Welcome to Sisters In Law, news.com.au’s weekly column solving all of your legal problems. This week, our resident lawyers and real-life sisters Alison and Jillian Barrett from Maurice Blackburn tackle your legal rights when it comes to rental bond disputes.
QUESTION: My landlord is trying to scam me into fixing his property. I moved out of my rental apartment in Melbourne two weeks ago. My time there was fairly uneventful and I definitely left the place cleaner than I found it, and I have pictures to prove it.
In fact, it was in a pretty bad state when I moved in – the carpets were filthy, the kitchen was disgusting and it stunk of cigarette smoke. I left it spotless, but shortly after moving out the real estate agent contacted me and said the owner wanted me to pay for new carpets and to have the place painted because it smelled like cigarettes (which it doesn’t really anymore, thanks to me getting the carpets cleaned and scrubbing the walls with sugar soap when I moved in). I refused but they’re saying they will take my bond, and have sent me an invoice for a further $2000. Do I have to pay this? What are my rights when it comes to tenancy agreements – Mel, Victoria
ANSWER: It sounds like your former landlord is trying to use scare tactics to get you to fund a mini renovation on his property.
There are some really important steps you should have taken at the start of your tenancy which would have safeguarded you at the end of your tenancy, particularly against a landlord trying to claim your bond.
Before paying any bond you should always ensure you have not only signed a lease, but also received two copies of a condition report signed by the landlord.
A condition report will outline what the property looked like when you moved in, the more detail you include the better, and the pictures you have taken will help with this.
Ordinarily, you should avoid paying any bond until you have seen the condition report and have completed your part as this will be evidence of the state of the property when you moved in.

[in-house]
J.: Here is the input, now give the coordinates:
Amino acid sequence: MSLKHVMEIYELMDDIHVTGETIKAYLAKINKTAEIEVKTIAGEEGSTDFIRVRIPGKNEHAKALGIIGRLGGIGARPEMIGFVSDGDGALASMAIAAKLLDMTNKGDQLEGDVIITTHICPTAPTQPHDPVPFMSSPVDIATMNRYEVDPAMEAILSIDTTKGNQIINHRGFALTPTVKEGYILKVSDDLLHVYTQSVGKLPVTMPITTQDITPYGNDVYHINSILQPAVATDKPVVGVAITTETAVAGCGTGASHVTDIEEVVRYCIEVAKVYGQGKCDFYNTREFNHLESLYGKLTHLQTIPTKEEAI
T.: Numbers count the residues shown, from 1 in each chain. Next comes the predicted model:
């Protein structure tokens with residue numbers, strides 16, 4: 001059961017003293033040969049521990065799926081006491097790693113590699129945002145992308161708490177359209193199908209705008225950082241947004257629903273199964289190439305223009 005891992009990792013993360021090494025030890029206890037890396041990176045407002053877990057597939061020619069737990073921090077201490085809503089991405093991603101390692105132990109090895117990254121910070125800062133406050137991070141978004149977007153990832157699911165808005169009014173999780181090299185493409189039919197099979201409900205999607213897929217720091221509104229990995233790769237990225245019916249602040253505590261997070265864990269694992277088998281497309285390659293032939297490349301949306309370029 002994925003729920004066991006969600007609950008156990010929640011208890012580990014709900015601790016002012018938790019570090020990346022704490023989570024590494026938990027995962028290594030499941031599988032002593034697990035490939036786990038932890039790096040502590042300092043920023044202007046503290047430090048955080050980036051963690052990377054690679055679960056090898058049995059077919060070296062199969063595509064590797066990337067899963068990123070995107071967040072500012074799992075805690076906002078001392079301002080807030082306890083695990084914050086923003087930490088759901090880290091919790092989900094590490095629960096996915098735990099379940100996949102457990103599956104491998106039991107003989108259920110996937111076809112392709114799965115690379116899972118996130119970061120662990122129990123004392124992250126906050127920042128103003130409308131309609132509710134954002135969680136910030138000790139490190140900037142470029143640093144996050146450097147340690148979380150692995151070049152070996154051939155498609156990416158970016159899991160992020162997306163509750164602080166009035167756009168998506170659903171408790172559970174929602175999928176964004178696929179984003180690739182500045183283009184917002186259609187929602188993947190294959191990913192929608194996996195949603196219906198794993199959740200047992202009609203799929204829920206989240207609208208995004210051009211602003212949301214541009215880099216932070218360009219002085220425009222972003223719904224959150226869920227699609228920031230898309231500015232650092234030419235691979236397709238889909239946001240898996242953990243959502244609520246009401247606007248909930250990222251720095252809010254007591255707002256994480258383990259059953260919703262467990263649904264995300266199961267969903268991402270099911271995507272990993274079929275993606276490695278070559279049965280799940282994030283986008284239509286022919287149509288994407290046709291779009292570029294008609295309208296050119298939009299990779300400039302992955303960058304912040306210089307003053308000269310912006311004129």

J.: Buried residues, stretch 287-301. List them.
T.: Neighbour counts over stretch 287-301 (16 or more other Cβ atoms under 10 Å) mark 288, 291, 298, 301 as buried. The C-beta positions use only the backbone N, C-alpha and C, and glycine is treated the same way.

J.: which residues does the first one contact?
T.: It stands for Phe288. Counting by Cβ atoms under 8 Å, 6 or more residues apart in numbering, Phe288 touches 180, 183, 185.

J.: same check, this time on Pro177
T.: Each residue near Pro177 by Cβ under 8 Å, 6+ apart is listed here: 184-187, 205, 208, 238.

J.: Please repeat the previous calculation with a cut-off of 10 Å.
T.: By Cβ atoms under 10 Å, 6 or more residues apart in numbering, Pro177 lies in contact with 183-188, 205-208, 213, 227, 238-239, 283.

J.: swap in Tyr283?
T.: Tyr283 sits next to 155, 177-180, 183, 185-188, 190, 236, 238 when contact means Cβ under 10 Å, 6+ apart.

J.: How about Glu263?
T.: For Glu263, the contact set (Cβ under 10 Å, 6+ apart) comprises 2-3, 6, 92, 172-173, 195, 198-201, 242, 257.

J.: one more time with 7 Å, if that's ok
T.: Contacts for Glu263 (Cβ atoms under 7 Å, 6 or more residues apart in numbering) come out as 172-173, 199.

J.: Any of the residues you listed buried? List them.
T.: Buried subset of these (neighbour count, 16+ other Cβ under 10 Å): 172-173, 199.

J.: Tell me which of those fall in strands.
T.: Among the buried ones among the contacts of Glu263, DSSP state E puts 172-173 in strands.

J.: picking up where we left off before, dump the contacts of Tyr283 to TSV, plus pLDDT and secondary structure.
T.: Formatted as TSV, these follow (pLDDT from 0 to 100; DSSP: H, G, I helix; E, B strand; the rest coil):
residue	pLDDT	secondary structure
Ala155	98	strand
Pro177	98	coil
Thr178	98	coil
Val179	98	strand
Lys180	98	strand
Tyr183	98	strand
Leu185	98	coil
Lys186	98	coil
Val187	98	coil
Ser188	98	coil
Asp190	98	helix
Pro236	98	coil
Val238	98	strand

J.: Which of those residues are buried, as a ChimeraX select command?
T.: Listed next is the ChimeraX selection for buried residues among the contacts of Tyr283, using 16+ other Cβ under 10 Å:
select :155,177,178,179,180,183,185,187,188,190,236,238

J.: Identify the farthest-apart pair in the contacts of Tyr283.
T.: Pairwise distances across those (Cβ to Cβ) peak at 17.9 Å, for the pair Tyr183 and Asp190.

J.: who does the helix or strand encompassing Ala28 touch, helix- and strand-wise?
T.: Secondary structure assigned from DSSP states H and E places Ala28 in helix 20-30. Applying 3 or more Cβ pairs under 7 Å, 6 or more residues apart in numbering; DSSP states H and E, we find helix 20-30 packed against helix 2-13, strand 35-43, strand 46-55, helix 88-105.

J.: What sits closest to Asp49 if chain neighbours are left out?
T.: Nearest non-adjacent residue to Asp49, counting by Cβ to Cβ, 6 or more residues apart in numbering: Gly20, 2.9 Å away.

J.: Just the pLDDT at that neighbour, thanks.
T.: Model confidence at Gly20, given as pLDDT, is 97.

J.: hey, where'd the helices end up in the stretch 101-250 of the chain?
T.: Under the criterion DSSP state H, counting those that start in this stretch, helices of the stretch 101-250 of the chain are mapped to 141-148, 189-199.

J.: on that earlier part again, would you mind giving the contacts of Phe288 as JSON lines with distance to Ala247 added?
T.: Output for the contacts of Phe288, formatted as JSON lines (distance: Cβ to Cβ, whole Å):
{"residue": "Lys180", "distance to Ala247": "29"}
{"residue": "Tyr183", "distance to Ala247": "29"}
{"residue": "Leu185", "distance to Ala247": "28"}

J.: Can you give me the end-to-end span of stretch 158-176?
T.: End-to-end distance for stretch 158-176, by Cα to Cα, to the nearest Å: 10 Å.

The law says that during your tenancy you need to take care to avoid damaging the property; general wear and tear is allowed, for example, carpet that has been worn down because of general use.
Any damage due to wear and tear, or any damage that was present when you moved in (like the smell of cigarettes), is the landlord’s responsibility.
You should tell your landlord in writing that he has no right to the bond, give him a copy of the condition report and the photos which prove that the property was in a worse condition on moving in. Also request that he prepare a Bond Claim form to allow your bond to be returned.
The landlord will likely refuse which means you need to apply to the Victorian Civil and Administrative Tribunal (VCAT). Alternatively the landlord may apply to VCAT himself to claim the bond.
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The VCAT process is relatively straightforward, and free.
You need to complete and lodge an application form, which is available on their website, and detail the reasons why and provide evidence (photos, entry/exit condition report, cleaning receipts, emails about the property condition) about your entitlement to your full bond.
This application form can be lodged by mail, online or in person; keep a copy for yourself and provide a copy to your landlord.
The Tribunal member will have read all of the material before the hearing, however make sure you know the facts of your case as you will likely be asked questions and need to dispute what the landlord says.
To be successful in claiming your bond, and claiming the cost of new carpets and painting, the landlord would need to show that you have damaged the property, this damage has caused him monetary loss and if so, the amount being claimed is reasonable.
Sometimes the cost of these repairs may be more than you have paid in bond. The landlord would need to apply to VCAT to keep your bond and also the Magistrates’ Court to obtain an order that you must pay them more than the amount of your bond.
If in the unfortunate event VCAT decide you are liable for the cigarette smell, you need to ensure that the landlord’s claim (currently the cost of the full replacement of carpet and painting) is reasonable.
The landlord can’t stand to gain financially from any claim, for example:
Carpet cleaning may be an appropriate (and cheaper) option instead of replacing carpets;
The condition of the carpet may be so old, stained and worn that it has no financial value anyway (ATO guide lists carpets as having a 10-year life);
The landlord may not have replaced the carpets and relet the property at the same price, so there is no loss
For more information, contact VCAT.
This legal information is general in nature and should not be regarded as specific legal advice or relied upon. Persons requiring particular legal advice should consult a solicitor.
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